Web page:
Frankly, without being too emotional about the inherent vulnerability and dispensability of an LGBT Singaporean in recent times, I find all the reactions by Singapore's political leadership ever so hypocritical.
A journalist called it out for what it is: "Orlando was both a terrorist attack and a homophobic attack on LGBT people. It was both the worst mass shooting in US history, and the worst targeted mass killing of LGBT people in the western world since the Holocaust... If a terrorist with a track record of expressing hatred of and disgust at Jewish people had walked into a synagogue and murdered 50 Jewish people, we would rightly describe it as both terrorism and an antisemitic attack."
Both the Singapore government and the leading opposition party in Parliament today have done their respective calculations. They have, as a matter of political expediency, decided that they are better off not supporting or endorsing what they construe even as a hint of an LGBT issue.
The Prime Minister's statement (below) and others expressed by the leadership in Singapore are an example of this whole attitude. Condemnations of heinous attack, expressions of condolences, hopes for recovery, etc, but nothing about the significance of this attack on the will and ability of a person to lead their precious life as an LGBT person.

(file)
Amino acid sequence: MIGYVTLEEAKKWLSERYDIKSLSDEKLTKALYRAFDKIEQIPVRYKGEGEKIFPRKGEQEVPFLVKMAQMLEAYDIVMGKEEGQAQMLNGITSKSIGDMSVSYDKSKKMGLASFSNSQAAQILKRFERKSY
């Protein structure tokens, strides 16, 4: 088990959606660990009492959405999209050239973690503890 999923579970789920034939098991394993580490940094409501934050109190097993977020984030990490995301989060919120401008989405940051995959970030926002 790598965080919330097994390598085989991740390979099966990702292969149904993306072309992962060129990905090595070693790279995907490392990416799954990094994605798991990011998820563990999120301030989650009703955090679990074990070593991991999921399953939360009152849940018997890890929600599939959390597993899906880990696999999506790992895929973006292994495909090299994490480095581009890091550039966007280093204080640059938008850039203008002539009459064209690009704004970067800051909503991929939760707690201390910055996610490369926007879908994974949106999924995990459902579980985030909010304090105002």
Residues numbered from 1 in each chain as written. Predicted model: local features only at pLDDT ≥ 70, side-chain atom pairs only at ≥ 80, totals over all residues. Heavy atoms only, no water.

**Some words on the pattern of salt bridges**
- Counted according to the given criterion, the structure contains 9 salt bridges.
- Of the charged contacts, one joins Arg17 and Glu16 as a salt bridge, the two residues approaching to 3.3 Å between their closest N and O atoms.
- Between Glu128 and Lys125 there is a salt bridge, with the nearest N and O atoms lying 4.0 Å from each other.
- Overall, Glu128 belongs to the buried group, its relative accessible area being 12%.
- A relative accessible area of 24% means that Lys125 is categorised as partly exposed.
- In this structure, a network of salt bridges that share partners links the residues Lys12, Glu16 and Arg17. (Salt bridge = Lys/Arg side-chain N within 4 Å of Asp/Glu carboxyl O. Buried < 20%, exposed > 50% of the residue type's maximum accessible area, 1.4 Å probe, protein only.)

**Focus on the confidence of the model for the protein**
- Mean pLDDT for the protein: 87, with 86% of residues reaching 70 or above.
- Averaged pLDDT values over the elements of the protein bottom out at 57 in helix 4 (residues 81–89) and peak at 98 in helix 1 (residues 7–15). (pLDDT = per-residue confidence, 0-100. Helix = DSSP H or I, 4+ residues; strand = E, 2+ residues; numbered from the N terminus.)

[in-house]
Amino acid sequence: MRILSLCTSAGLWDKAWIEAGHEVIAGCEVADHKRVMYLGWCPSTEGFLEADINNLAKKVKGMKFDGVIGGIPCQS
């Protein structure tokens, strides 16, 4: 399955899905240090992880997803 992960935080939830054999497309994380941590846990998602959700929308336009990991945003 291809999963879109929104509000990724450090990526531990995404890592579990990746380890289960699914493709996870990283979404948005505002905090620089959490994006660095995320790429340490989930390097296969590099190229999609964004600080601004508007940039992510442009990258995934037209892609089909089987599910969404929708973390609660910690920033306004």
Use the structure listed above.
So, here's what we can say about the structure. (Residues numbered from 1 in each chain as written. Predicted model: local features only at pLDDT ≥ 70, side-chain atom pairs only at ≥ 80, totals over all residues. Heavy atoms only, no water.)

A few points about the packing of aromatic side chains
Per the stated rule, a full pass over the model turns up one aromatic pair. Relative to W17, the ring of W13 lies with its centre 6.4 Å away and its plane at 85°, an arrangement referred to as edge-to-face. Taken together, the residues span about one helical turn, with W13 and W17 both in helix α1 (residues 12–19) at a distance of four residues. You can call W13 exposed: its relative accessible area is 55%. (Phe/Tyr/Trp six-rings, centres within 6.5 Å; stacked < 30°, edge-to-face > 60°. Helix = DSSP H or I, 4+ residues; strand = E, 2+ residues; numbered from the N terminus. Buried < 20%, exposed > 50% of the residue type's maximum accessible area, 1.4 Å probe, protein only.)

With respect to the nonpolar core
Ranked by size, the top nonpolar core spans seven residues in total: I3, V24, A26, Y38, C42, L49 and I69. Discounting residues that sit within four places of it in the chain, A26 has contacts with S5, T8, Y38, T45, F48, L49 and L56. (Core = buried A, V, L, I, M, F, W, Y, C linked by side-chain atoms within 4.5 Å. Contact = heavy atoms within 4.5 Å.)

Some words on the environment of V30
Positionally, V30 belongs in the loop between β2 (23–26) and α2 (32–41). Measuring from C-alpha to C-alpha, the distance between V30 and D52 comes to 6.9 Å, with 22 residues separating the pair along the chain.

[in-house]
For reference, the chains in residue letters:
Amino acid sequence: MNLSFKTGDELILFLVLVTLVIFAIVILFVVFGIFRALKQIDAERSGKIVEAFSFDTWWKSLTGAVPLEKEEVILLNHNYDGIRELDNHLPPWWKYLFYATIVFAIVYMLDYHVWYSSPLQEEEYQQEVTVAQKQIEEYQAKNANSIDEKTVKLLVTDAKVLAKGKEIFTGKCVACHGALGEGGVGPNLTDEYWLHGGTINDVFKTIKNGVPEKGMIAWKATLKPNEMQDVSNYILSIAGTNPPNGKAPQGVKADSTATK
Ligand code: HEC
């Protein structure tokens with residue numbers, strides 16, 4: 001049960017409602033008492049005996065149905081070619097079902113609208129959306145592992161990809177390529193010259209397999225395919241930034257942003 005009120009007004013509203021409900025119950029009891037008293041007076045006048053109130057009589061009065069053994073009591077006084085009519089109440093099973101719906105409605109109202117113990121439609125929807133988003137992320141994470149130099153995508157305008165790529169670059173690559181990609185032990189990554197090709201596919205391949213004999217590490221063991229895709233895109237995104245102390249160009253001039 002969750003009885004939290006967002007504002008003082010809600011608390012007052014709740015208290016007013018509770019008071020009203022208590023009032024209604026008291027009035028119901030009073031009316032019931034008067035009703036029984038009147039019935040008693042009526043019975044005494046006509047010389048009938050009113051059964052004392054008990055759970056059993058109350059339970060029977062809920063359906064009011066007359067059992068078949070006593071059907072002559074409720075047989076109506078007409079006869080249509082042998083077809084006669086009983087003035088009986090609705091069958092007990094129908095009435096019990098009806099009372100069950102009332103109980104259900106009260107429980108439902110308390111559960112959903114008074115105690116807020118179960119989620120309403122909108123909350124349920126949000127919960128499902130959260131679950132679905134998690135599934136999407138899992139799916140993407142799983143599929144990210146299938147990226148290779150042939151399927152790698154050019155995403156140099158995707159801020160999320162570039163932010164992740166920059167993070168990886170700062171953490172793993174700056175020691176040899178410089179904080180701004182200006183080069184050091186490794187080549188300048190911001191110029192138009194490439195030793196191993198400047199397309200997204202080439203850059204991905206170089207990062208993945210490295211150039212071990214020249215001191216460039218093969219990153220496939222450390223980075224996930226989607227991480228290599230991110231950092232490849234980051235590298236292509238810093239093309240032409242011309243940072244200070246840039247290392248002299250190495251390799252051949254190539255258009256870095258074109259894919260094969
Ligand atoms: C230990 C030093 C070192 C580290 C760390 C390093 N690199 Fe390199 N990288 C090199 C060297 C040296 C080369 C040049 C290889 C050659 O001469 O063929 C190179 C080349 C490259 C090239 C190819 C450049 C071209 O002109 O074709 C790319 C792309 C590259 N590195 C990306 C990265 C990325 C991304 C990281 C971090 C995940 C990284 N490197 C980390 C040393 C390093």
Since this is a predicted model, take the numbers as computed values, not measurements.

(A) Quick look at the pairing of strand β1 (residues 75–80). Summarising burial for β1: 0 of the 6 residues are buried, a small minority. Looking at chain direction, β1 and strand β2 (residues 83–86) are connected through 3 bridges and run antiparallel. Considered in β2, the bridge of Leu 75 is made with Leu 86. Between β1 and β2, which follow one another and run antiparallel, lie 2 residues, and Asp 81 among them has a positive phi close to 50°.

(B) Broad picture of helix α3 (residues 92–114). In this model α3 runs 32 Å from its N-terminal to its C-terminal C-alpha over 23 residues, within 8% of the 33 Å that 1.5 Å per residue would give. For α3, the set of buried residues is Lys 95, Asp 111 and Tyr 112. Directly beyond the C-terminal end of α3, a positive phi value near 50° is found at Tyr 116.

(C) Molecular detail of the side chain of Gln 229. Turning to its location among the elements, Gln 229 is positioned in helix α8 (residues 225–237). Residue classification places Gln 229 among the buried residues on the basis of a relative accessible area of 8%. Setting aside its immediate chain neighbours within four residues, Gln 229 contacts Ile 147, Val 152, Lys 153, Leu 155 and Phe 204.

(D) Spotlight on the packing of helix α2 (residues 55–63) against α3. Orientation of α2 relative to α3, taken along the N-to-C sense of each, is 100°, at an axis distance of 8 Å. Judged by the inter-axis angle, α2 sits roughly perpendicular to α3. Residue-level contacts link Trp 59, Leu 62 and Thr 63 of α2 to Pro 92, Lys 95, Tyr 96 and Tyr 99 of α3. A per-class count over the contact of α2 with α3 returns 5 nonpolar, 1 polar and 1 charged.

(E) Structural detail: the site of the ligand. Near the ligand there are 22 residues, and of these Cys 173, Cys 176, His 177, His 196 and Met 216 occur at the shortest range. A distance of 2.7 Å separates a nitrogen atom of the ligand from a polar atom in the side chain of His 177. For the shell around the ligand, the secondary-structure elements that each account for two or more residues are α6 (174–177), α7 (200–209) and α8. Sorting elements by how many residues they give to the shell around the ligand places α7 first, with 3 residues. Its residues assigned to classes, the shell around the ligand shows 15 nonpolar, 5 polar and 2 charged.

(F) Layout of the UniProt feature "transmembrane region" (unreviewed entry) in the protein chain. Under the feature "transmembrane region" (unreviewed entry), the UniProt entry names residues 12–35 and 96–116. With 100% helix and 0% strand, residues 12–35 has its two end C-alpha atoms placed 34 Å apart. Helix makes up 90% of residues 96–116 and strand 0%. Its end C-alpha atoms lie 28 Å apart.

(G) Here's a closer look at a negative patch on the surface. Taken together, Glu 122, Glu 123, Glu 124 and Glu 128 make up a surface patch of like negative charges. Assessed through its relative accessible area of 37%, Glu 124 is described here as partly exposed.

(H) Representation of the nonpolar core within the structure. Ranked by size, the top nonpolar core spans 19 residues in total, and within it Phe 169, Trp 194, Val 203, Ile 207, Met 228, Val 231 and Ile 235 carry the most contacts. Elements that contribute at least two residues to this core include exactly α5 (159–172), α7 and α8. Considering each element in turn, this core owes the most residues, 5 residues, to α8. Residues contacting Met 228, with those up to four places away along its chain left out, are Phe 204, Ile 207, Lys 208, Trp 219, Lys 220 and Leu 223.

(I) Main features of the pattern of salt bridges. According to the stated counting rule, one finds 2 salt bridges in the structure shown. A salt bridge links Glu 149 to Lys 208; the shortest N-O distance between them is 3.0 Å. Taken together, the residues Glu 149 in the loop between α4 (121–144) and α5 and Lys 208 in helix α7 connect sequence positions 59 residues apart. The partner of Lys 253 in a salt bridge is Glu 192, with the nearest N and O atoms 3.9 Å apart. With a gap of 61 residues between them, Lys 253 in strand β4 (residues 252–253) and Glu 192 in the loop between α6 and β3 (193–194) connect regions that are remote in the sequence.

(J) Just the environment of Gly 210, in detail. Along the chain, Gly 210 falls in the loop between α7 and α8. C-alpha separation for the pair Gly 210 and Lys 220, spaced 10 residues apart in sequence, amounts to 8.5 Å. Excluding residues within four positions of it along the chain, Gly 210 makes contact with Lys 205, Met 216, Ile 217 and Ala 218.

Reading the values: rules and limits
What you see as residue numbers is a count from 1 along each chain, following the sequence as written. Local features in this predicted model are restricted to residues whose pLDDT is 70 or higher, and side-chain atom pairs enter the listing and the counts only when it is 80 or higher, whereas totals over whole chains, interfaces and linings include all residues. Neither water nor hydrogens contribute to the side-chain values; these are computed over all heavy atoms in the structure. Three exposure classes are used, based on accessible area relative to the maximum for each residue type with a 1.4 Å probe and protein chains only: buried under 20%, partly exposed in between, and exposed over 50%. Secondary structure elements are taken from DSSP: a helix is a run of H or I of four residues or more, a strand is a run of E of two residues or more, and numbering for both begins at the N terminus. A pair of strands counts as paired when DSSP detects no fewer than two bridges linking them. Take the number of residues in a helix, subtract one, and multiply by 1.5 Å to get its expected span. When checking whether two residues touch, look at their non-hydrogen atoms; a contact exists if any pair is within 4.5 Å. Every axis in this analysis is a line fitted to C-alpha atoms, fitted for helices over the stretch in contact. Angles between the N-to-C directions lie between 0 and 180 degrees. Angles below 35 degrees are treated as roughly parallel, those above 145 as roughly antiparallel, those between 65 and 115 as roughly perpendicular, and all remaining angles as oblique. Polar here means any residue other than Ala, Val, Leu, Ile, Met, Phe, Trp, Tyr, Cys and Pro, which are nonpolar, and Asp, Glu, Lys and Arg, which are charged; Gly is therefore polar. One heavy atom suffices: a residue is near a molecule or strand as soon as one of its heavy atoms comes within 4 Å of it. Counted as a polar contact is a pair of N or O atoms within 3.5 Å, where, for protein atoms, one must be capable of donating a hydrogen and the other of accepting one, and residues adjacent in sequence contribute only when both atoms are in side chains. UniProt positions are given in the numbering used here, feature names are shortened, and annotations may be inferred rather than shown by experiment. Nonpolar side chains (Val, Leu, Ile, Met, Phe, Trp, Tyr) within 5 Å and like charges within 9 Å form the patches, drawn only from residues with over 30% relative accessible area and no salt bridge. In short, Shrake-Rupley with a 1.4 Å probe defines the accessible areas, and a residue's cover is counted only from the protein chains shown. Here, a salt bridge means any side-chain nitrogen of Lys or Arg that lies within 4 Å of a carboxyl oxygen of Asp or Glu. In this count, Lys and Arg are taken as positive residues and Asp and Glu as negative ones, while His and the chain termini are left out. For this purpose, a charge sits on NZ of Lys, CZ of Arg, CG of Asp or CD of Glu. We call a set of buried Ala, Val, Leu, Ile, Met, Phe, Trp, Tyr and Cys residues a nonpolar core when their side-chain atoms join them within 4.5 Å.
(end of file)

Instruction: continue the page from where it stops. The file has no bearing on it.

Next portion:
On the one hand, we sanction what some jurisdictions would see as widespread persecution of LGBT persons at all levels of governance that would qualify these same persons as refugees in those jurisdictions. And, on the other, we condemn that very same bigotry that escalates into violence against those persons for whom we ourselves created a culture of persecution against. Oh, wacko the ducks!
What persecution we ask?
Any attempt to discuss an LGBT matter is seen as an attack of Singapore's heterosexual family unit. The rebuttal to that attempt is often cast as the defence of attacks to the shared values of a young nation state. The harder the attempt, the stronger the push-back, we are told.
The LGBT person is often characterised as having made a lifestyle choice, which one can easily abandon. The state would rather have an LGBT person grow old as a forlorn single man or woman (in a 2-room HDB flat no less) only to be cremated or buried by an absolute stranger at the end of life!
The recent attempt to muzzle funding of LGBT causes is another irony for a state that has been happy to be flushed with millions of dollars in foreign funding and other support to run its many banks, companies, schools, hospitals and homes to retain its very sacrosanct heterosexual family unit that, in turn, keep the wheels of its bureaucracy moving.
We can go on.
An LGBT person may want this country but it doesn't necessarily mean the country wants him or her. The whole attitude of this country has been to underscore that its society will be better off without them, and that they will be better off setting up a space, a family and a home they can call their own elsewhere.
There can only be one message to Singapore's present political leadership in such a context. Let's not bandy about sentiments that merely serve to rub salt to a wound and secure your political future. Please save your condemnations, condolences and conveyances about this homophobic hate crime if you can't, in the first place, be fully transparent about what it is.